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B. The Board and the Association agree that as of the date of the execution of the Agreement the District may change management practices unless embodied in a specific provision of this Agreement. This provision will also include the changing of past practices that have not been expressed in this Agreement. Prior to the changing of such practices the School Board will notify the Union of their intent to change the practice.

C. It is understood that the above provisions do not remove the Board's statutory requirement to bargain the impact of the exercise of any function listed above as to its effect upon wages, hours and conditions of employment of the members of this bargaining unit.

. . .


A. This procedure shall apply when the School Board reduces a position in part or in whole. The Board shall have the sole right to determine the position or positions to be eliminated. After the Board has determined which position shall be eliminated, the following procedure shall be used.

B. In the event that a lay-off is deemed to be necessary by the Board, the Board shall grant the employee to be laid-off thirty (30) calendar days (sic) advance notice.

C. For the purpose of lay-off, the non-instructional staff is divided into the following areas of classification:

1. Cook

2. Secretary

3. Custodian

4. Bus Driver

5. Aide

D. The selection of the employee to be laid-off shall be made according to the following guidelines.

. . .

3. If steps one and two are insufficient to accomplish the desired reduction of staff, the employee shall be laid off by the Board within the areas of classification and then in the inverse order of being hired within the District.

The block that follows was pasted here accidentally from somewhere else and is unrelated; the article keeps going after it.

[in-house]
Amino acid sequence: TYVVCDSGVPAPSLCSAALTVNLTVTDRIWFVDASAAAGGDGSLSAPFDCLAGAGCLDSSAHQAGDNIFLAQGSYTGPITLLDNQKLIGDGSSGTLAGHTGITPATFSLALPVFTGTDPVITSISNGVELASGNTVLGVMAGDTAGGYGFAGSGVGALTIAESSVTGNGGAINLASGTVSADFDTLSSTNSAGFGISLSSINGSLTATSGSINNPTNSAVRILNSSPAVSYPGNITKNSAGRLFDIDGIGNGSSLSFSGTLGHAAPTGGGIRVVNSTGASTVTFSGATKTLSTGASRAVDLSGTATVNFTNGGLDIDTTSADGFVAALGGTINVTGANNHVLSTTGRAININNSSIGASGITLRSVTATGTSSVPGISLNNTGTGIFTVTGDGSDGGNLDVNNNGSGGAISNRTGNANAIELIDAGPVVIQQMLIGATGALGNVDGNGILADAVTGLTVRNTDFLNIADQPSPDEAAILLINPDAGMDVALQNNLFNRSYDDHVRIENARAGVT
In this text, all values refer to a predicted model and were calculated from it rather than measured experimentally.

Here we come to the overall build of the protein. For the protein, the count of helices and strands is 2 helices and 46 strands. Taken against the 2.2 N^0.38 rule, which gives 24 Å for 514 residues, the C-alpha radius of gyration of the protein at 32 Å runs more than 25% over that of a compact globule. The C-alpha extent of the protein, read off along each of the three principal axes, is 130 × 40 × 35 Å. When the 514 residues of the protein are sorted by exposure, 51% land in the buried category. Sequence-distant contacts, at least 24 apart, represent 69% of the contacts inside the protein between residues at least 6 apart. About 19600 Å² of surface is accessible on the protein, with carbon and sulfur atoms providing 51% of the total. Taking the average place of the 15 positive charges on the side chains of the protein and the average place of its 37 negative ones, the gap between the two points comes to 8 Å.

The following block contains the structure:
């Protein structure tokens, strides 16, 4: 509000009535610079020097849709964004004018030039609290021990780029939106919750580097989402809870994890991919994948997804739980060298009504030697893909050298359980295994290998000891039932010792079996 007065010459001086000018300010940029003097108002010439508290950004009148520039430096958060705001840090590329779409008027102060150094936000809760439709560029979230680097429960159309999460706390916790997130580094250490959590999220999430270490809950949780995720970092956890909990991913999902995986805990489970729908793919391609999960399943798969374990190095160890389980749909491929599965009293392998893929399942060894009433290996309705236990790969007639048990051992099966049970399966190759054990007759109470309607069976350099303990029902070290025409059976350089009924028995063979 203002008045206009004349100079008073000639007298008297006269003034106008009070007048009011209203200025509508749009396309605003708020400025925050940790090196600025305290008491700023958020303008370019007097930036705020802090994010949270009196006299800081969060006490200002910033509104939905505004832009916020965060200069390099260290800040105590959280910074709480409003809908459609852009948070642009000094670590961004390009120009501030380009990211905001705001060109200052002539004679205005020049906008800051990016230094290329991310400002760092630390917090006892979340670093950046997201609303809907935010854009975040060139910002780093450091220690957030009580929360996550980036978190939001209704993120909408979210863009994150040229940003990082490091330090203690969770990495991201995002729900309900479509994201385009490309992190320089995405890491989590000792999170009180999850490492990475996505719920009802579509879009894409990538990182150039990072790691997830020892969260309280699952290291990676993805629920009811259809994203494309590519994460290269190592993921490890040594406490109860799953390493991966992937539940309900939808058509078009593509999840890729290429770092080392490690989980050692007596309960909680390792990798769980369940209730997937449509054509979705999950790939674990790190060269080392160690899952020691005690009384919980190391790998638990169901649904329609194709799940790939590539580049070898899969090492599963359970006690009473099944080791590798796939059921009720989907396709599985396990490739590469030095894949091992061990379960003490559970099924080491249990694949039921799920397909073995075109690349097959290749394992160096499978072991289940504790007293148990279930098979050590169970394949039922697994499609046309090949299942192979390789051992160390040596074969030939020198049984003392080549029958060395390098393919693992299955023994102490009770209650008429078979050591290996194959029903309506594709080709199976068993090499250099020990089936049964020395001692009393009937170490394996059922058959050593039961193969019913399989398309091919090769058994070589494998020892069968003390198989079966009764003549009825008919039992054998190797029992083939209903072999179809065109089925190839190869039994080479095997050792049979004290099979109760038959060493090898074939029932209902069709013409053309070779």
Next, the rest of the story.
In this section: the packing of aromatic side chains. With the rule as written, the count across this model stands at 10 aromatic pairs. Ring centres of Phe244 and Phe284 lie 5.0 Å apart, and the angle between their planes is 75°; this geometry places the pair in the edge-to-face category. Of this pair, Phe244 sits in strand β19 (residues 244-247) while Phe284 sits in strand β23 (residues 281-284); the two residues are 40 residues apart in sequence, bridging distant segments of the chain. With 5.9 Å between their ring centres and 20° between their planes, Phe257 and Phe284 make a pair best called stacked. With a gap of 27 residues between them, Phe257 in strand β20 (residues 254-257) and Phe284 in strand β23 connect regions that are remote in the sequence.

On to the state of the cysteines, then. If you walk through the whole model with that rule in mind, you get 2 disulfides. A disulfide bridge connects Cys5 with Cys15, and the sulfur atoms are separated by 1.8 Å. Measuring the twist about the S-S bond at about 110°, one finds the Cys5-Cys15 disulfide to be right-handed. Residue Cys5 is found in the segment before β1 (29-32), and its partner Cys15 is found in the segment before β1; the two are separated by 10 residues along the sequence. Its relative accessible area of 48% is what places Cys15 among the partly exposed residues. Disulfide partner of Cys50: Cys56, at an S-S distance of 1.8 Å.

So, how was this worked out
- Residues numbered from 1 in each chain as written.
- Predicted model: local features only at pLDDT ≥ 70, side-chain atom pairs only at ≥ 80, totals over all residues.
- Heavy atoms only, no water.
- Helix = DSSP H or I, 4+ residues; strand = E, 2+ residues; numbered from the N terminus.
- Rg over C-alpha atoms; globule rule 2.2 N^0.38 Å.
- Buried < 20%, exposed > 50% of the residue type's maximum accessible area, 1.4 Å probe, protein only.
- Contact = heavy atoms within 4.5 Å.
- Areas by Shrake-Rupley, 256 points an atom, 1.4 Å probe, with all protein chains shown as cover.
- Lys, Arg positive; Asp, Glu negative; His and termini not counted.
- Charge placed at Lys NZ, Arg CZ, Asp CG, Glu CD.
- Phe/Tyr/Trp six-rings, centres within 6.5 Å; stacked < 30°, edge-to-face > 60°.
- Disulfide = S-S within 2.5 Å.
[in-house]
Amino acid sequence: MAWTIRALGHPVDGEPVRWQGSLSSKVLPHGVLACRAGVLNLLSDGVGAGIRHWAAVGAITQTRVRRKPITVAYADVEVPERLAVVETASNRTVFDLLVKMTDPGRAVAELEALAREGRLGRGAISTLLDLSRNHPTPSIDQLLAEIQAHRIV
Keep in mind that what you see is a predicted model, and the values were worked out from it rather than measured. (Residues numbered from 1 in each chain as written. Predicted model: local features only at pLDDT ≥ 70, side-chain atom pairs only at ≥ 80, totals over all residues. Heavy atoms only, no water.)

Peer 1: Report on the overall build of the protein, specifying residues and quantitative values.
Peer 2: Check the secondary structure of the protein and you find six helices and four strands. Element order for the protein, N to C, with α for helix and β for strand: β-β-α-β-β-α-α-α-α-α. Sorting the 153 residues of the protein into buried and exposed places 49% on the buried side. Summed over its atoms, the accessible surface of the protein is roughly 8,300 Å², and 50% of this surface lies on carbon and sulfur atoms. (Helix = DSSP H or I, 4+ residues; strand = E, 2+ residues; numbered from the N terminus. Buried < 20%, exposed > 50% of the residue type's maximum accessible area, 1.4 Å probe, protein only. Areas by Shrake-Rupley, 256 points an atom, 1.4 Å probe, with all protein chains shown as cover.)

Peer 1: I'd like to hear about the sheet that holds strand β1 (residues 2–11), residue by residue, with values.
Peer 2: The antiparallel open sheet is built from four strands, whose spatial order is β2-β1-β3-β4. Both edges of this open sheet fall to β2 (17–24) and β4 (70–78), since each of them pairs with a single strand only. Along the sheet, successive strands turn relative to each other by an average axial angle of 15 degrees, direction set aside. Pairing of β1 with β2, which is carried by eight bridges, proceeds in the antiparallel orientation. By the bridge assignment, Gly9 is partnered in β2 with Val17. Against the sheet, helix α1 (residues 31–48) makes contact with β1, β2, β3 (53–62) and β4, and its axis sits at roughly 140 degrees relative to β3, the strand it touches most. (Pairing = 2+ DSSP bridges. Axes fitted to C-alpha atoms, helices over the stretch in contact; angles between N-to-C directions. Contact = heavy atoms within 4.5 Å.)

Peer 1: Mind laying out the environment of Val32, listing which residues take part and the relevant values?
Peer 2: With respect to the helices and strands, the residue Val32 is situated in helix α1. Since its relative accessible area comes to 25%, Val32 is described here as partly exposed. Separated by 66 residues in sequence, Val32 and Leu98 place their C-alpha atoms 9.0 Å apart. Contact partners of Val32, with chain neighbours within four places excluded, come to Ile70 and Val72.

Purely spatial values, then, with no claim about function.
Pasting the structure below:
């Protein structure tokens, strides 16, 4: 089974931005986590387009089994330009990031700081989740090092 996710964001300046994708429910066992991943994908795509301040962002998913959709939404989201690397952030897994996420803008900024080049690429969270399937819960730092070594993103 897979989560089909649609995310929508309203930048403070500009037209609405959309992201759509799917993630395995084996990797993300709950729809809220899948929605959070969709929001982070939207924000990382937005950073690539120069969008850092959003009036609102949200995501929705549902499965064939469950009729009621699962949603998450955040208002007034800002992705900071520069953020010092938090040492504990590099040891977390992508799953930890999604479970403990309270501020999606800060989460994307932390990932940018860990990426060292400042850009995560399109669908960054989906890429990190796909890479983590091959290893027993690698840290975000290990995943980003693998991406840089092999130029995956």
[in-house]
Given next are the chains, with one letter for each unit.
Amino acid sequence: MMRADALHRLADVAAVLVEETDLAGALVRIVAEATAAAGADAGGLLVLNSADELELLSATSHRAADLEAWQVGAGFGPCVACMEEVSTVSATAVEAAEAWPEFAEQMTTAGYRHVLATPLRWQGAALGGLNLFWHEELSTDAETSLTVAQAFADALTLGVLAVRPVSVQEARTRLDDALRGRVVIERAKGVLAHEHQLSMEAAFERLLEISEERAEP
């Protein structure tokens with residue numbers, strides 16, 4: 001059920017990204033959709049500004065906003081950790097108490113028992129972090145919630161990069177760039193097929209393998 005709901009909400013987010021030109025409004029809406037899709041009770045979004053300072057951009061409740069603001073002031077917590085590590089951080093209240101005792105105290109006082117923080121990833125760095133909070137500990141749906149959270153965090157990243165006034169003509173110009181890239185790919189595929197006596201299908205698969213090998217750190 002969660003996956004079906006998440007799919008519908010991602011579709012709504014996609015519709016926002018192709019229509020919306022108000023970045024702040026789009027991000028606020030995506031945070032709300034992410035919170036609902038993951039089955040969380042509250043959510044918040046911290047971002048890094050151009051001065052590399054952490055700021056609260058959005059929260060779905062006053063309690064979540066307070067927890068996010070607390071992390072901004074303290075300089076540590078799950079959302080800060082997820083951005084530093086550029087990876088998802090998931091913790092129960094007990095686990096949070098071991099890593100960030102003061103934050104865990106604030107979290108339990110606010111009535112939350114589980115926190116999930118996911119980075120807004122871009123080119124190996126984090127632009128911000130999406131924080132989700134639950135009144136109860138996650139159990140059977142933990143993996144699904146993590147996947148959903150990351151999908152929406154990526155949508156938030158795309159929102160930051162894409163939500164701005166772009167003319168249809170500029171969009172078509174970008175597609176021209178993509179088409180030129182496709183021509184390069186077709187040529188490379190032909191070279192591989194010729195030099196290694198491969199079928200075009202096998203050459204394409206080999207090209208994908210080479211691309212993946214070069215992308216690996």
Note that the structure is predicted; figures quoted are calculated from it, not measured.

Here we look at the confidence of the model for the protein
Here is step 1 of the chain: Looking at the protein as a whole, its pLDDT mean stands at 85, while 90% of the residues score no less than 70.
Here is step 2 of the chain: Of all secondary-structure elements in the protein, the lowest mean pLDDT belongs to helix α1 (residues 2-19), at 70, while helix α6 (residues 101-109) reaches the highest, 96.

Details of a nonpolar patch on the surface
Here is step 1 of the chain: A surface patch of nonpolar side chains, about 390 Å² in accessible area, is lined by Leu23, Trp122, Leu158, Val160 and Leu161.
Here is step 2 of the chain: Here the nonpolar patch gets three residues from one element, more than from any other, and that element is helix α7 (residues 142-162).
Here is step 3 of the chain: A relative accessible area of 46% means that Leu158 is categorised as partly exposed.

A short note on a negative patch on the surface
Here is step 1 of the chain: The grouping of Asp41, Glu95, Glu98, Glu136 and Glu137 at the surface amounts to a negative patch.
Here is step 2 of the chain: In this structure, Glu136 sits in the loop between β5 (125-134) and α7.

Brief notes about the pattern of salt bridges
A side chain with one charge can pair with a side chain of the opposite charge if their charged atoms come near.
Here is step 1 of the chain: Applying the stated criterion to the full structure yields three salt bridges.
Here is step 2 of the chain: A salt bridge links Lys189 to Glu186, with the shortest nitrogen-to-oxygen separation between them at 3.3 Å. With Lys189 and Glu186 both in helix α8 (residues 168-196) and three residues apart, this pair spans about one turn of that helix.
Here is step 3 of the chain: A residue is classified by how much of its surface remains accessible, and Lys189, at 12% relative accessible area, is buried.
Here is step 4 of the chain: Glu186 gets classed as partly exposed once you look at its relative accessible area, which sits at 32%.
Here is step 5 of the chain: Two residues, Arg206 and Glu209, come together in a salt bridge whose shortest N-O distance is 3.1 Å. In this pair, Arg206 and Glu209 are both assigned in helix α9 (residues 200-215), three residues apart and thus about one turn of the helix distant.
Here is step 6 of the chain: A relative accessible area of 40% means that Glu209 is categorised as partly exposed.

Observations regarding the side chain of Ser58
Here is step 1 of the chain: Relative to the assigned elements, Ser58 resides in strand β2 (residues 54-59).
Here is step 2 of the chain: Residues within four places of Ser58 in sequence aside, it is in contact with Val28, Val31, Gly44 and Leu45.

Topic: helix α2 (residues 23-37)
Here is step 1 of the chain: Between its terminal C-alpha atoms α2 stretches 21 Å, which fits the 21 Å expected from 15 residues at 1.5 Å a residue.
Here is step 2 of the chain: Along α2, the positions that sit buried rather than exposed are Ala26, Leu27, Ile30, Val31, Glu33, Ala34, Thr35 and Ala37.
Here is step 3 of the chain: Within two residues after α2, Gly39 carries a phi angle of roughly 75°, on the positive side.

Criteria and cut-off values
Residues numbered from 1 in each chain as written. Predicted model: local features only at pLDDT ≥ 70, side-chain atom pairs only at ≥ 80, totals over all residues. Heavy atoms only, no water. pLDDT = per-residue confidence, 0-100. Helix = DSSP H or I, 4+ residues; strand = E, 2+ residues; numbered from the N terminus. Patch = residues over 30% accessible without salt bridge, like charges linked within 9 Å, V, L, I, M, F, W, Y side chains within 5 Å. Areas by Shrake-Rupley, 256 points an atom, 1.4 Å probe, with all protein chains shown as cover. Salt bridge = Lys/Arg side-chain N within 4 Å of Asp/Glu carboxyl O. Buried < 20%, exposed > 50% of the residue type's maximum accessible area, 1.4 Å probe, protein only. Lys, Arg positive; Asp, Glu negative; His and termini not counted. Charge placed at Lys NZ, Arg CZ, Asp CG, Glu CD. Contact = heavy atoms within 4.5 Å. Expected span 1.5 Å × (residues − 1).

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E. Recall Rights

. . .

Employees on lay-off status shall have first right of refusal to any temporary or substitute positions that become available which they are qualified to perform. If two or more qualified employees are on lay-off status, the employee with the greatest seniority has first refusal rights with the second most senior person having second refusal rights, etc. Employees on lay-off status who fill temporary or substitute positions shall receive the Districts' (sic) normal temporary substitute wage rates.

No new or substitute appointments will be made when there are laid-off employees available and qualified to do the work.


The Union contends that Article XVI applies to the partial layoffs of Middleman, Holly and Anderson. It submits that Article XVI, D. 3. requires layoffs to occur in the inverse order of being hired within the District and the District did not follow this requirement. It observes that there is no language in Article XVI or anywhere else in the contract that indicates the order of layoff can be sidestepped, ignored, not followed or bypassed. It insists the order of layoff must be followed even if scheduling is difficult or impossible. It points out that the order of layoff language has been in the contract for at least 16 years and three prior layoffs involved the last hired employe within a classification. It asserts that the District had a responsibility to negotiate a change in the contract language if it desired a change in the order of layoff, but the District never proposed any change, never notified the Union it would like a change nor that it was going to unilaterally implement a change. The Union notes that the aides' rate under the contract is $9.70 per hour and the District cannot decide to pay less because of financial reasons as there is no authority to reduce the wage rate. Similarly, according to the Union, it cannot change the layoff language simply because it would be more efficient. The Union cites a number of arbitration decisions in support of its argument that contract language must be followed even where the Employer can become more efficient or there is a better solution by not following the agreed-upon language. It asserts that the layoff language provides job security for long-term employes and the District has unilaterally taken away the job security of the most senior employes. It contends that the contract language does not allow such unilateral action and the parties never agreed to the District's only sometimes following the negotiated order of layoff.